This week I met with one of the assistant curators from Cleveland’s Museum of Contemporary Art. She came and just did a private walk through the show, as viewing the images online isn’t as good as in person and you don’t get the full experience with the biographies and family trees etc. It is good to know the staff at MOCA like to be on top of what is happening in the area.
I was so nervous at first early in the day, I freaked out wondering if I would turn into my 18 year-old self at CalArts having to constantly defend my work and not really knowing how to do so. I thought I would get a slew of questions in the manner of a Spanish Inquisition and then have it turned around and thrown back in my face. Ah, those CalArts critiques, they didn’t really teach me anything they just annoyed me to no end. Technique was never really taught, only theory. And being that installation art was the hot poop and figurative painters were looked down on didn’t help. “Painting has been done to death, do something original!” I’d get all the time. This was of course right before John Currin and Cecily Brown started getting popular. Only a few instructors I could tell were supportive of us non-installation or conceptual students, like Jim Shaw, Derek Boshier and on occasion John Mandel. In recent years I have become better at talking about my paintings, but still I’m at a loss for words 40% of the time and find other people are much better at describing my stuff. To be honest, I think I went to college too young. I also think I chose the wrong school for what I was doing, but I did want to do film/animation and they gave me good scholarships, so I stayed.
At any rate, I was surprised how few questions the MOCA curator had which I was rather happy about. I mean there were questions, but not the totally loaded and combative type of questioning I was expecting. My work isn’t some big statement about politics or the environment, nothing that is analyzed or with a message about the human condition. I just do what I like and what interests me without thinking hard about some big loaded concept. And that was what I got scolded for in school and by critics still at times. It is also exactly why I don’t get grants.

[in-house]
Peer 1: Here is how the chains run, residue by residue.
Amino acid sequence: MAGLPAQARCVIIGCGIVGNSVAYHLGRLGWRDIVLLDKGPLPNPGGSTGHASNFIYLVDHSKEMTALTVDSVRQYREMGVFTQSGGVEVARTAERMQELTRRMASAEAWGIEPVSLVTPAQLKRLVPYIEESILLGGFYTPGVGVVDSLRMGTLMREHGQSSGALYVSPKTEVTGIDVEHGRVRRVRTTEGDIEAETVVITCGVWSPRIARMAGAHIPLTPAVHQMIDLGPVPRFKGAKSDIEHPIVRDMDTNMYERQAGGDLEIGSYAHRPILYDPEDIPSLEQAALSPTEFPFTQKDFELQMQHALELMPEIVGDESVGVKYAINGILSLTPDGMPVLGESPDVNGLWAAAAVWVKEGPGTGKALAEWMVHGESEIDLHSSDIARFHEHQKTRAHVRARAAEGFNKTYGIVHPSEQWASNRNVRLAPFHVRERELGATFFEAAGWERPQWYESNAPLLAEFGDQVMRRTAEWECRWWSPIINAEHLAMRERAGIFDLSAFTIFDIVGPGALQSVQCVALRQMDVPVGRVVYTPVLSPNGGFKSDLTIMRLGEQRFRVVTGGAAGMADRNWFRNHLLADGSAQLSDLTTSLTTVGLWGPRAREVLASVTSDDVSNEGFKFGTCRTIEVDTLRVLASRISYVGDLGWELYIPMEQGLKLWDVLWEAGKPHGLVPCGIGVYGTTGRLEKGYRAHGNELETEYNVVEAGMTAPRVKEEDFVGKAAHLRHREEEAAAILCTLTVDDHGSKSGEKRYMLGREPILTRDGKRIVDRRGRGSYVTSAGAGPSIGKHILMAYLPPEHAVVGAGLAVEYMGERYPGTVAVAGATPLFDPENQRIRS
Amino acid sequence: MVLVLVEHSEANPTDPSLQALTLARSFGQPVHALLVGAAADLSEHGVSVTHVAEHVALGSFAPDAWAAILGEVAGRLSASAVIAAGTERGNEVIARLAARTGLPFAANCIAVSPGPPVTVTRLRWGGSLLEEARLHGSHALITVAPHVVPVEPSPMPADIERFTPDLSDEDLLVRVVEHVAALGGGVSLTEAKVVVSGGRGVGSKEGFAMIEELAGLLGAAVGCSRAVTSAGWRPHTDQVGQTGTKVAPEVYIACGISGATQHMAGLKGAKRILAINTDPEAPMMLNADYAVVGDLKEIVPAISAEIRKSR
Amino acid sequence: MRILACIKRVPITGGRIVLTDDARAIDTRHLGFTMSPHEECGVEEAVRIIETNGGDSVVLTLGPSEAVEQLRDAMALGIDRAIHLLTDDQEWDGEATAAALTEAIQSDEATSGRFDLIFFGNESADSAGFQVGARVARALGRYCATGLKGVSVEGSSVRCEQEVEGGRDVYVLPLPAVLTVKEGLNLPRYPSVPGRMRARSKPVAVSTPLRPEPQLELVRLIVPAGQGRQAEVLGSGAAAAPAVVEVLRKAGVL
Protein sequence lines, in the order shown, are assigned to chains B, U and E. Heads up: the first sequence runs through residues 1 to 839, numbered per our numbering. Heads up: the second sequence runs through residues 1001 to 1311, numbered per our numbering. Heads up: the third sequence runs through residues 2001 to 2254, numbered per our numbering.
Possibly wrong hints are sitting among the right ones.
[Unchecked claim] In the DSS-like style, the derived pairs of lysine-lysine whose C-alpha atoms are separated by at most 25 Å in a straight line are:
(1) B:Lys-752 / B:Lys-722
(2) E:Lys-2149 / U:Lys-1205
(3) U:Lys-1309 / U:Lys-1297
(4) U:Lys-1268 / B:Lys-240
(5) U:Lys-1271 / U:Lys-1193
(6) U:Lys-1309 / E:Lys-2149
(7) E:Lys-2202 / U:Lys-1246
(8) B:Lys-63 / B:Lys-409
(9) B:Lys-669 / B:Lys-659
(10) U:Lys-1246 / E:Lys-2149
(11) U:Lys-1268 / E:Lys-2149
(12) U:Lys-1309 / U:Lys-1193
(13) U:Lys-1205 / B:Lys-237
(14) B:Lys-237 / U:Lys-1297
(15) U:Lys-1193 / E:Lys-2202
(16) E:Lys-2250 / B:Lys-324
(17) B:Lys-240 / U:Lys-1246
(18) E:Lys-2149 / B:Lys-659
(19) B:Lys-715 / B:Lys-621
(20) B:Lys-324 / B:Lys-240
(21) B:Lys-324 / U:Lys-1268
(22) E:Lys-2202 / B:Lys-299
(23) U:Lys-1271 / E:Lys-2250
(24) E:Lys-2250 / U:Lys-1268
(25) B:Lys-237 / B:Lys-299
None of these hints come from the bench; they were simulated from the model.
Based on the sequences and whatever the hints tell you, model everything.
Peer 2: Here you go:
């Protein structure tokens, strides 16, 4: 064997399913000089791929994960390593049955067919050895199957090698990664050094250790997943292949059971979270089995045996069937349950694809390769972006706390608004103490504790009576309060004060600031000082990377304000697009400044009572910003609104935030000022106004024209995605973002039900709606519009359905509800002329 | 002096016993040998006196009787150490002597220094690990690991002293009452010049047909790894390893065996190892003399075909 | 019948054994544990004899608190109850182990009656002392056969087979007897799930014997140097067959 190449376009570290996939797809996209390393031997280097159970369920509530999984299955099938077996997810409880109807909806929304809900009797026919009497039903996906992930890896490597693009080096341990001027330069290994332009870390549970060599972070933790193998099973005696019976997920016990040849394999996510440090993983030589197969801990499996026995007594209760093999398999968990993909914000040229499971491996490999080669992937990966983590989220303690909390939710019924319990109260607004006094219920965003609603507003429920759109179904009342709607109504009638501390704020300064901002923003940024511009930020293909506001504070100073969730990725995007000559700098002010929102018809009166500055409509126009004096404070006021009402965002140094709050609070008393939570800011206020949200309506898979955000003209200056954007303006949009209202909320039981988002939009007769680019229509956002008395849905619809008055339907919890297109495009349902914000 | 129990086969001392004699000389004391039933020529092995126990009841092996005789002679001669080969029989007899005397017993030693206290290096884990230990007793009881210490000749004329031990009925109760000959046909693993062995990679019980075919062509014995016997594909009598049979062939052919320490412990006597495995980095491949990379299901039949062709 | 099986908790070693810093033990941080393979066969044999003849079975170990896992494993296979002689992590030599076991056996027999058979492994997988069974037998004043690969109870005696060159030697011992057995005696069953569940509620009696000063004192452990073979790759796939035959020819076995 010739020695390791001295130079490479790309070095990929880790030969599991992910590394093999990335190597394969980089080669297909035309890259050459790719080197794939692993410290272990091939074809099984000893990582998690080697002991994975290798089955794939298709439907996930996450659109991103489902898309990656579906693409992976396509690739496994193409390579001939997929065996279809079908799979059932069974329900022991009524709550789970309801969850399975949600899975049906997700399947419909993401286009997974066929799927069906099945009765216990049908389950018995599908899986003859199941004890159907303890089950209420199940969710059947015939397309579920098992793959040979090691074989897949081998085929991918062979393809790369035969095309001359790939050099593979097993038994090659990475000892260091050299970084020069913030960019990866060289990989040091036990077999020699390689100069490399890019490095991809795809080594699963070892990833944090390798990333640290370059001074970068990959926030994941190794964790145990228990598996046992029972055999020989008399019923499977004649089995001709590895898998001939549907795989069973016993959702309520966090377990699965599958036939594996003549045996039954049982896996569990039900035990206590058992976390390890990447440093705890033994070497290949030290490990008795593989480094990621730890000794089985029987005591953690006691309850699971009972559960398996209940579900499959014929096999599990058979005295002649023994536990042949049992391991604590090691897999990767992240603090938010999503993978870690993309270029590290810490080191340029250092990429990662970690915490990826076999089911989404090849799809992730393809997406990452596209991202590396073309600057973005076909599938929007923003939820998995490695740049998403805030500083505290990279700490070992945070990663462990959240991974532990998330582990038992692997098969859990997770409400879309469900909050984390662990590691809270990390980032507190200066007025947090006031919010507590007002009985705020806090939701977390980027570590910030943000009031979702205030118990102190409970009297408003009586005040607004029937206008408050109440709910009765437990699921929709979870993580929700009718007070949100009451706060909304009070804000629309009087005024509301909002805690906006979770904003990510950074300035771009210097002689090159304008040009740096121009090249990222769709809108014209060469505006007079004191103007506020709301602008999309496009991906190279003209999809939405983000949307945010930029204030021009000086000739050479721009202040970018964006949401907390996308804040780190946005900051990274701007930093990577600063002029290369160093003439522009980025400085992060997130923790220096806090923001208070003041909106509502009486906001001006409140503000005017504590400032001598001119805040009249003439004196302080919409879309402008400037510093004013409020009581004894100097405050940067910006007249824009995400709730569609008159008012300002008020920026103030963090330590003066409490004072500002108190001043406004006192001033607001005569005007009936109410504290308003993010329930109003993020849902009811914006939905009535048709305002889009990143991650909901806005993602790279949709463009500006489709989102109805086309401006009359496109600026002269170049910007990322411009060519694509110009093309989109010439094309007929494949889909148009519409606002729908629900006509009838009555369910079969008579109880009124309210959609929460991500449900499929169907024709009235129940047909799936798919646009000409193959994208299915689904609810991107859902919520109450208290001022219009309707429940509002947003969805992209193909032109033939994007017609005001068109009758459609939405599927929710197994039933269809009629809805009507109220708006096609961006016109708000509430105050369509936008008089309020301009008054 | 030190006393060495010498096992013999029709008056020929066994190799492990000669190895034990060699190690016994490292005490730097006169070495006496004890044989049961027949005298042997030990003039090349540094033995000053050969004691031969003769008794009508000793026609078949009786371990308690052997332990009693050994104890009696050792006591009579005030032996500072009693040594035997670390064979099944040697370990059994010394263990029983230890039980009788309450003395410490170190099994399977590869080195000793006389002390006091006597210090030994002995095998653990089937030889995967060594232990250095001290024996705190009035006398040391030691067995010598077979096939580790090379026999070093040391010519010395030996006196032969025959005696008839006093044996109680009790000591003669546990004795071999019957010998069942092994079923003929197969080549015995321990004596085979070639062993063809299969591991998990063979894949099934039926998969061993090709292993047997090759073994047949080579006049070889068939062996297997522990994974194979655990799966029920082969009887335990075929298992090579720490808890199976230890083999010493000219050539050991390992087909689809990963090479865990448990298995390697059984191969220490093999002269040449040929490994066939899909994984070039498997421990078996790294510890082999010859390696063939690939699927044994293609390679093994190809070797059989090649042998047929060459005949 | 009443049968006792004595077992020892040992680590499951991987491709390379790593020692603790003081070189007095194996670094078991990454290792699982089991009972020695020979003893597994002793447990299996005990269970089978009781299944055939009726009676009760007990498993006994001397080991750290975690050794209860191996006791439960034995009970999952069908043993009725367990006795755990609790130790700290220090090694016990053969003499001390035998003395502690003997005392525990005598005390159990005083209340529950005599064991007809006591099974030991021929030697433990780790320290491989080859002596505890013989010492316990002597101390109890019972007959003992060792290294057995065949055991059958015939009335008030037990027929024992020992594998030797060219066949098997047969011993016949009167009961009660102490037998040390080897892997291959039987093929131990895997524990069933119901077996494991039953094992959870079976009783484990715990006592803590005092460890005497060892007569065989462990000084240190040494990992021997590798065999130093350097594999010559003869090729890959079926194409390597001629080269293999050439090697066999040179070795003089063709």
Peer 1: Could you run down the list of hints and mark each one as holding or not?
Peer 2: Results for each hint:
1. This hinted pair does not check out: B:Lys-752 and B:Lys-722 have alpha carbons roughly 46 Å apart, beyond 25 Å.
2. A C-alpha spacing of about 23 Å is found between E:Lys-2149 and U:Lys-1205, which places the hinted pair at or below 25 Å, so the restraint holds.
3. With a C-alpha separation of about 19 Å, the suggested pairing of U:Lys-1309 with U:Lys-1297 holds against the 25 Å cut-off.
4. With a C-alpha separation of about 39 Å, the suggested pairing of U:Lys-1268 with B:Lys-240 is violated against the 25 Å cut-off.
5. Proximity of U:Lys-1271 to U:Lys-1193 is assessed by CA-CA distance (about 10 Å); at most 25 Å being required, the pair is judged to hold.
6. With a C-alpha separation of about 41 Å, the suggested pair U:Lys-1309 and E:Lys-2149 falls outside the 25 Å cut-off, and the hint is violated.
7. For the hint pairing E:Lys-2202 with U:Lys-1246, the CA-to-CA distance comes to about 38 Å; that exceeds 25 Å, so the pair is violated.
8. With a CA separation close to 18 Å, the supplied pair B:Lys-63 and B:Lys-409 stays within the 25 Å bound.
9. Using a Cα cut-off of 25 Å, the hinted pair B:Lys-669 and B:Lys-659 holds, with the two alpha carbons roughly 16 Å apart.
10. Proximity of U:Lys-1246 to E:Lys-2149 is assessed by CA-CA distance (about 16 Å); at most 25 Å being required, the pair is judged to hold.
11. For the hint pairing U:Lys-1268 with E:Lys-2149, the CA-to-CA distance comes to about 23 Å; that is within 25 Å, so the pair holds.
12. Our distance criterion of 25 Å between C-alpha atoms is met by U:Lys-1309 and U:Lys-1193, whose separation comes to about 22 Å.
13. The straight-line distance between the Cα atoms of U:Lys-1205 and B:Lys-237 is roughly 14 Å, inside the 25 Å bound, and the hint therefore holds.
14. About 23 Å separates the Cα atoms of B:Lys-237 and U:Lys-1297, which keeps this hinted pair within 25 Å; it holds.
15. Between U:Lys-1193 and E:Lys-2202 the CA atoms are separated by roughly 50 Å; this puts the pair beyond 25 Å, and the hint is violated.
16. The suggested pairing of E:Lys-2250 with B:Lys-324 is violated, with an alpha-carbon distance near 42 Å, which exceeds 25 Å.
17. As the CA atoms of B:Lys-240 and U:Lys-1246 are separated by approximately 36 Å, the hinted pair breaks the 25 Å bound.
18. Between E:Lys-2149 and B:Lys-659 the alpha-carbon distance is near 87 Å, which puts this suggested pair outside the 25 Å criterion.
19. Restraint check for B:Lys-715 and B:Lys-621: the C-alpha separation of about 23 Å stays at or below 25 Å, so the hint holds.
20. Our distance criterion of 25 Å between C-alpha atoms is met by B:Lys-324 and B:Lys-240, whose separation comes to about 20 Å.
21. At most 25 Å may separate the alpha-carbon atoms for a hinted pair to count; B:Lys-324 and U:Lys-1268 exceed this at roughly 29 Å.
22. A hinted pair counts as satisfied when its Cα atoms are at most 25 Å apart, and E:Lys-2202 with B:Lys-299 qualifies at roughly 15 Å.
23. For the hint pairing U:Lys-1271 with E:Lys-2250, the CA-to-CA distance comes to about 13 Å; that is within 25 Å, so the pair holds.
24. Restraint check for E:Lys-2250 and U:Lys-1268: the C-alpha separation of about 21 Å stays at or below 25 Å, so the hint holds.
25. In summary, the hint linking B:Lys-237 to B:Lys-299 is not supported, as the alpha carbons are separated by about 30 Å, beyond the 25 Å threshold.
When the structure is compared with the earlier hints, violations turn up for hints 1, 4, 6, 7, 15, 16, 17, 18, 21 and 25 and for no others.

But no, we talked about how happy we were the painting comeback, about the pros and cons of installation art and our disdain for Thomas Kinkade — albeit we admire the empire he has built for himself. We also talked about the career fall backs art students need. Most people don’t know that I was totally set on being an animator early on, that was my fall back to fine art. My career path I plotted out by age 19. I think I didn’t pursue it hard enough once out of school due to getting married, low self-esteem about my animation and just the fact I realized I wasn’t too great at it. It has gotten to the point now where every program I learned has been outdated anyways. I don’t think we even had Adobe InDesign when I was in school. I don’t know what people do these days out of art school for a real job since art school enrollment has gone up drastically the past 7 years, along with tuition. My mom told me that I should go to beauty school once I graduated as my back-up income making job. And I think she was right. Then again, there is only so much you can do with a lot of college degrees now isn’t there?
My dream “day job” at this point? To just be someone like Diana Vreeland who spews proclamations about art, decor, fashion and get paid for it. I doubt I need beauty school or interior design courses to add to my resume for a “job” like that now do I?